“‘Those recluses and brahmins who are rid of lust, hate, and delusion regarding sounds cognizable by the ear…regarding odors cognizable by the nose…regarding flavors cognizable by the tongue…regarding tangibles cognizable by the body…regarding mind-objects cognizable by the mind, whose minds are inwardly peaceful, and who conduct themselves righteously in body, speech, and mind…should be honored…Since we see higher righteous conduct on the part of those good recluses and brahmins, they should be honored, respected, revered, and venerated.’ Being thus asked, householders, you should answer those wanderers of other sects in this way.

6. “Householders, if wanderers of other sects ask you thus: ‘But what are your reasons and what is your evidence regarding those venerable ones whereby you say about them: “Surely these venerable ones are either rid of lust or are practicing for the removal of lust; they are either rid of hate or are practicing for the removal of hate; they are either rid of delusion or are practicing for the removal of delusion”?’ – being asked thus, you should answer those wanderers of other sects thus: ‘It is because those venerable ones resort to remote jungle-thicket resting places in the forest. For there are no forms cognizable by the eye there of a kind that they could look at and delight in. There are no sounds cognizable by the ear there of a kind that they could listen to and delight in. There are no odors cognizable by the nose there of a kind that they could smell and delight in. There are no flavors cognizable by the tongue there of a kind that they could taste and delight in. There are no tangibles cognizable by the body there of a kind that they could touch and delight in. These are our reasons, friends, this is our evidence whereby we say about those venerable ones: “Surely these venerable ones are either rid of lust, hate, and delusion, or are practicing for their removal.”’ Being thus asked, householders, you should answer those wanderers of other sects in this way.”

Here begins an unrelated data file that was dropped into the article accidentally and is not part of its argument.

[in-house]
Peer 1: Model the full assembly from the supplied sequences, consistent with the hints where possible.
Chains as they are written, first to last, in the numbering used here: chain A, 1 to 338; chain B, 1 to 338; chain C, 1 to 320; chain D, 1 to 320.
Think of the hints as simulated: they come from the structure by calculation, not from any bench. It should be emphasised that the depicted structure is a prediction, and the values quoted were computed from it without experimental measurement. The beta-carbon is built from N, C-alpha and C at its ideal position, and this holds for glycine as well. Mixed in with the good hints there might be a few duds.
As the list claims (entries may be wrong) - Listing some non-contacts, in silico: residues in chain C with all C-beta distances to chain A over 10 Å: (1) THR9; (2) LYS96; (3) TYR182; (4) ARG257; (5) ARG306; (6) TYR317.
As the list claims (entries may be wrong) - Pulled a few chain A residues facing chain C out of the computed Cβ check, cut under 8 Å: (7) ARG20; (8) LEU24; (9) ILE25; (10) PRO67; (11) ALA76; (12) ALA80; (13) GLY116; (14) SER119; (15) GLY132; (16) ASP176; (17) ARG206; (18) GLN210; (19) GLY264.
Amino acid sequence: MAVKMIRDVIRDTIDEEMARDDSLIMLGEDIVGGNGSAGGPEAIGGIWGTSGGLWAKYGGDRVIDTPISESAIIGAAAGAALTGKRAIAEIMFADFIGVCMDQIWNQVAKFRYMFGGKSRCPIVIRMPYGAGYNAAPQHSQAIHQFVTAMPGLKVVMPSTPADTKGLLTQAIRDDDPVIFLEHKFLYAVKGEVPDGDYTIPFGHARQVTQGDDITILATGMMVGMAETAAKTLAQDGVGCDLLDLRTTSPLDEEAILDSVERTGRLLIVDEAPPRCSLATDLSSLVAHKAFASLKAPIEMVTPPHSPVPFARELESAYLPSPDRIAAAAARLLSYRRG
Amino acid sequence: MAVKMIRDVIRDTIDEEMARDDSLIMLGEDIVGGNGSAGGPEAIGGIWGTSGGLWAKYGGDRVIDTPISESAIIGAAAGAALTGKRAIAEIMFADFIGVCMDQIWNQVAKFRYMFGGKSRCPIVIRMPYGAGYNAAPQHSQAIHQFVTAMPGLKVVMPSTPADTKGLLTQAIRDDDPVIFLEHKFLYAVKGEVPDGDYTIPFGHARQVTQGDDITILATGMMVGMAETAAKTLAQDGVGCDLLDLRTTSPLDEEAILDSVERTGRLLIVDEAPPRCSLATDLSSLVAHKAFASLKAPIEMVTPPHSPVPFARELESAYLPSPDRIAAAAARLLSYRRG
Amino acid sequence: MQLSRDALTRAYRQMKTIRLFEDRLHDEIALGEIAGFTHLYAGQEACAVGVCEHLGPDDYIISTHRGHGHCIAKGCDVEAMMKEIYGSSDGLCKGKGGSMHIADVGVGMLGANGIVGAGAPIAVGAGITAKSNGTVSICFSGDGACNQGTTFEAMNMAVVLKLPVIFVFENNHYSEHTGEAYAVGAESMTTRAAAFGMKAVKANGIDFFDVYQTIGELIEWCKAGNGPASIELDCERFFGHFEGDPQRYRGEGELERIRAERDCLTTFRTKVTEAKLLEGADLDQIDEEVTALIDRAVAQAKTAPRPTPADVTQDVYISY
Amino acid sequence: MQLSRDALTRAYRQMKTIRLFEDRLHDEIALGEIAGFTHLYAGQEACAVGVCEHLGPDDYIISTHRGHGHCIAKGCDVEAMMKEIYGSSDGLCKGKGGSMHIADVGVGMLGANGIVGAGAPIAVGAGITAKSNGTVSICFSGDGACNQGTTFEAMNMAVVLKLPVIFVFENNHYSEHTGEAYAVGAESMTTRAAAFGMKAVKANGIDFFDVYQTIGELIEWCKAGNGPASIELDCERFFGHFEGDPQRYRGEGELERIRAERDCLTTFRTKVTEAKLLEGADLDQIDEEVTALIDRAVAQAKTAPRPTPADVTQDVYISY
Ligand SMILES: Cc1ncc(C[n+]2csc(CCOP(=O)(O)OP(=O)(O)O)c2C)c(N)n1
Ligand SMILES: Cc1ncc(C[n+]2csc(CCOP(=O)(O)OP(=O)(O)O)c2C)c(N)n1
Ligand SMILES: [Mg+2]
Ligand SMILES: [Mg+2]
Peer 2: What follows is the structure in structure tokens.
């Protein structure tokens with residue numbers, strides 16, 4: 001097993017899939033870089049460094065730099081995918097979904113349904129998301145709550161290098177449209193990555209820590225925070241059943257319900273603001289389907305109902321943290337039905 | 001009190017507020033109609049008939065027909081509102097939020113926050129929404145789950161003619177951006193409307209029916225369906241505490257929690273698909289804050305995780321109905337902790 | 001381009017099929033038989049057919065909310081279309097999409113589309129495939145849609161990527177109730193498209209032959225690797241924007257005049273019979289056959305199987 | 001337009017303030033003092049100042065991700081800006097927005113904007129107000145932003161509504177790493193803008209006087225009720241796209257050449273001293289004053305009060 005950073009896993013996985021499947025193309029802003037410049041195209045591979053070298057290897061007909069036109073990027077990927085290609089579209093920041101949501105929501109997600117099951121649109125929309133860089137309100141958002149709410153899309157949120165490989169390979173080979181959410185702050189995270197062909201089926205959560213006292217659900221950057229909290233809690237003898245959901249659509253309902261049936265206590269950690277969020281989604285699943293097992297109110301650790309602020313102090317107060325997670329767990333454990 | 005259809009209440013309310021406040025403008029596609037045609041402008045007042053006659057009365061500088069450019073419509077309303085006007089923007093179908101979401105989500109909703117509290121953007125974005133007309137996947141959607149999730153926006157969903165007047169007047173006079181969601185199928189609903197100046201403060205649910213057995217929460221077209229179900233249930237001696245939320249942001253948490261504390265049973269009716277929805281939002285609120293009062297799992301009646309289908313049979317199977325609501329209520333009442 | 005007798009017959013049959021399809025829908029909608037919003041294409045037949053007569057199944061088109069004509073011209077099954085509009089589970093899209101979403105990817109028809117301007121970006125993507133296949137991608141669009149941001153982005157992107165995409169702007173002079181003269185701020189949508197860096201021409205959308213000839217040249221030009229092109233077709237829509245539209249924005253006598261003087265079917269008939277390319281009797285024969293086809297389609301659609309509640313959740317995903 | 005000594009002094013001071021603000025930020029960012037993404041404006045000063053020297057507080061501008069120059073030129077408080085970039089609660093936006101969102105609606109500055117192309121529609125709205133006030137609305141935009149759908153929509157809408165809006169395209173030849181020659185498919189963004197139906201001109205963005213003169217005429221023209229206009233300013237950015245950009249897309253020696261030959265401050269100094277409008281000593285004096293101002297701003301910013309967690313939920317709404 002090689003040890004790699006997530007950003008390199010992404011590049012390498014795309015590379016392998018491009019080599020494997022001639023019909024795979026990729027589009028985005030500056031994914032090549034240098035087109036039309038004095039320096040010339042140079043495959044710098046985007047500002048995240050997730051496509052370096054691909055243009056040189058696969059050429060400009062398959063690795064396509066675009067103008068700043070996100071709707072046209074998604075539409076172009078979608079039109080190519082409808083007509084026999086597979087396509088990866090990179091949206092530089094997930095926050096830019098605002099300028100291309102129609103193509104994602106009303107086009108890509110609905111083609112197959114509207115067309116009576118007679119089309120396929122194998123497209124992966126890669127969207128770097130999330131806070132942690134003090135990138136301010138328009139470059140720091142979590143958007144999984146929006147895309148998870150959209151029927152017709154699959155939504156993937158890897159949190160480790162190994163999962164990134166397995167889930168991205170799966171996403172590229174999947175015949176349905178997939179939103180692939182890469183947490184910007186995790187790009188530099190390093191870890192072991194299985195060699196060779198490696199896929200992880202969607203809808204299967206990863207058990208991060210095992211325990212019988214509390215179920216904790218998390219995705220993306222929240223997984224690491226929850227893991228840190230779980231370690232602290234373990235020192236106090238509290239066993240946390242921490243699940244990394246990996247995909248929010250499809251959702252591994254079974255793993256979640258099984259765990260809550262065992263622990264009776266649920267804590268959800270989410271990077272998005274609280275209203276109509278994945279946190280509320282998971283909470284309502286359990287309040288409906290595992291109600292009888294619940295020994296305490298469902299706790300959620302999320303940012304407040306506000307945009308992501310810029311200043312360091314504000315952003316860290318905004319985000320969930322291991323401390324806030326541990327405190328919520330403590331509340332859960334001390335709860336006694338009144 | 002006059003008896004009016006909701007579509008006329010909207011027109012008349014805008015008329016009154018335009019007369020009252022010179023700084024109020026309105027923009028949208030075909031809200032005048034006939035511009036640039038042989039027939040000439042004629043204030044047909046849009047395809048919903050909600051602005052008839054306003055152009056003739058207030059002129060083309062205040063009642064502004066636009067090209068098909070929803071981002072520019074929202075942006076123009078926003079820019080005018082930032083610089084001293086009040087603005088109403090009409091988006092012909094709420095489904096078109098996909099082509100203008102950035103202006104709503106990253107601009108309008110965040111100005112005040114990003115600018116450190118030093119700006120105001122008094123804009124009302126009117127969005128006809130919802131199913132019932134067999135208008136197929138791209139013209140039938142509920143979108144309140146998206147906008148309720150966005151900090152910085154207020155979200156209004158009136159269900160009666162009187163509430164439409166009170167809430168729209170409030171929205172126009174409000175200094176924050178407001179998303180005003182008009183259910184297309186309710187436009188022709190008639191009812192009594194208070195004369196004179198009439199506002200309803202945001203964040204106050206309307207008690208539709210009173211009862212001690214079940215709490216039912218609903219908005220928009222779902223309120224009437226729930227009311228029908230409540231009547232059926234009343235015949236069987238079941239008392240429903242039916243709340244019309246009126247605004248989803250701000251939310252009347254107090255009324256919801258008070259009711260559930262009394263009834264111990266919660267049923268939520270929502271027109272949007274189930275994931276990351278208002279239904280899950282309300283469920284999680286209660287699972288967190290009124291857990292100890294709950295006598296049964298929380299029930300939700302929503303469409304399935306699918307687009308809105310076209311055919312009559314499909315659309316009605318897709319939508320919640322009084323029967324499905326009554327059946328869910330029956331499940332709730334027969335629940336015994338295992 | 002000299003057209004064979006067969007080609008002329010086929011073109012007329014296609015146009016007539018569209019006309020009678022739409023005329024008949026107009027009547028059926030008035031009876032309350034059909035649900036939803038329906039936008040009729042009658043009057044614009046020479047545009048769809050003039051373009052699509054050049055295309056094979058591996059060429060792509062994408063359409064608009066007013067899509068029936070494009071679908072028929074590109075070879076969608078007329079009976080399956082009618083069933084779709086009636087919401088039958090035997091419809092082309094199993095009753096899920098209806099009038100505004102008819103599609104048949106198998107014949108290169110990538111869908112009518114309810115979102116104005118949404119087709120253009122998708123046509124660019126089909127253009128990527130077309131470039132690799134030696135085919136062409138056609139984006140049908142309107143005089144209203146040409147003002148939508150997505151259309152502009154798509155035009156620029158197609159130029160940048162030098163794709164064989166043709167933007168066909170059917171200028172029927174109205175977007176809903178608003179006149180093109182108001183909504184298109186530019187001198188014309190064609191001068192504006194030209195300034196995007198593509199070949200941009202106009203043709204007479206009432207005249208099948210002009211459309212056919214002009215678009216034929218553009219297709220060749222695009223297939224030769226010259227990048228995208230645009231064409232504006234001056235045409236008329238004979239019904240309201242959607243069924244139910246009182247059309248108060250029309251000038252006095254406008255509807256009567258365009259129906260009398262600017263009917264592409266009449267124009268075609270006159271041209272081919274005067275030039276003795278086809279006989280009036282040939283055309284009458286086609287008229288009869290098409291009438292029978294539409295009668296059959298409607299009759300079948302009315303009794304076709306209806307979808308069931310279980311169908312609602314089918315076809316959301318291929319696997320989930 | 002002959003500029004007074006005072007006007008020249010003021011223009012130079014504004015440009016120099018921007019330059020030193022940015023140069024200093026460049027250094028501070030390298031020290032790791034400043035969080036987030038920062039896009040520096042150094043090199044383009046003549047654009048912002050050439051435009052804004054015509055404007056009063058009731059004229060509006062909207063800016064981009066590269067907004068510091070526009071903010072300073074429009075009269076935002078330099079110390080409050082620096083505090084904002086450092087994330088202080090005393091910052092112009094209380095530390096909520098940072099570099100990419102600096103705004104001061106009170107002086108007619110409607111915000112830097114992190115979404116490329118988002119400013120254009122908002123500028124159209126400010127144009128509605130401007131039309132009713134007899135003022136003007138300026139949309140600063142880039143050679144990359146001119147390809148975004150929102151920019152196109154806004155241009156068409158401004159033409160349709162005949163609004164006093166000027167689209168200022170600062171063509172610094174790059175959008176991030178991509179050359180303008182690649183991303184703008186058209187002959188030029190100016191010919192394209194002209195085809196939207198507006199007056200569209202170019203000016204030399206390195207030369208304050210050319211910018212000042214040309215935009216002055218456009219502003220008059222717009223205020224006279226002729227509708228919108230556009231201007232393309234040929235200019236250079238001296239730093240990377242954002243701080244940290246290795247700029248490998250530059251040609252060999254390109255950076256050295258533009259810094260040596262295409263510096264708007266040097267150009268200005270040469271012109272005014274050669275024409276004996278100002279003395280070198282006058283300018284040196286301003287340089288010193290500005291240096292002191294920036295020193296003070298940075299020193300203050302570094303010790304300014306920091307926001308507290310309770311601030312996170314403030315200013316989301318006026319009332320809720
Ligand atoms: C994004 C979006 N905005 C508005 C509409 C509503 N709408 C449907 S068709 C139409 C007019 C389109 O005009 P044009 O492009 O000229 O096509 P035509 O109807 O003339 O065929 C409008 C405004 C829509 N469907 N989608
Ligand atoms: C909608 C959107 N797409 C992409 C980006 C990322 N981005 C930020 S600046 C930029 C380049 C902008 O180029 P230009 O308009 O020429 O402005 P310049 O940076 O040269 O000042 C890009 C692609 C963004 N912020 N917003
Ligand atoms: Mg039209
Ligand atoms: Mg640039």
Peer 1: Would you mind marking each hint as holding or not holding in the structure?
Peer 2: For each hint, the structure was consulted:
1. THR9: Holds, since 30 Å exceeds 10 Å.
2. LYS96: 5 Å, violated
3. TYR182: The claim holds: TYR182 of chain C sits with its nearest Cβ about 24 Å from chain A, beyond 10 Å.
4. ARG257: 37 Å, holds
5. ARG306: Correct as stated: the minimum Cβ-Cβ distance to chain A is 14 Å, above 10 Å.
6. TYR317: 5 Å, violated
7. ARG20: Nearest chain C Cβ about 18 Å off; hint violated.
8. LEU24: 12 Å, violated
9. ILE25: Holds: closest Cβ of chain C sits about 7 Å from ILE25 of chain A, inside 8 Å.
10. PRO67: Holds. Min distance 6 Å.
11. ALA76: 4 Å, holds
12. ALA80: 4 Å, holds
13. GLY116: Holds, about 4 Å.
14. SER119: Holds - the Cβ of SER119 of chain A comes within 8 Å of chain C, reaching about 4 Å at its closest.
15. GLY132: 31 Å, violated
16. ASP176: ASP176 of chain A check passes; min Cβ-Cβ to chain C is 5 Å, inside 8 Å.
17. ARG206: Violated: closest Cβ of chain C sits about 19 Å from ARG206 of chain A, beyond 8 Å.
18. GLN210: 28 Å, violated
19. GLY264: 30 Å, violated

7. When this was said, the brahmin householders of Nagaravinda said to the Blessed One: “Magnificent, Master Gotama! Magnificent, Master Gotama! Master Gotama has made the Dhamma clear in many ways, as though he were turning upright what had been overthrown, revealing what was hidden, showing the way to one who was lost, or holding up a lamp in the darkness for those with eyesight to see forms. We go to Master Gotama for refuge and to the Dhamma and to the Sangha of bhikkhus. From today let master Gotama accept us as lay followers who have gone to him for refuge for life.”


Majjhima Nikāya 150
Part Three– The Final Fifty Discourses (Uparipaṇṇāsapāḷi) 
The Division of Expositions (Vibhangavagga)
Translated by Bhikkhu Ñāṇamoli and Bhikkhu Bodhi
Contributed by Chris Burke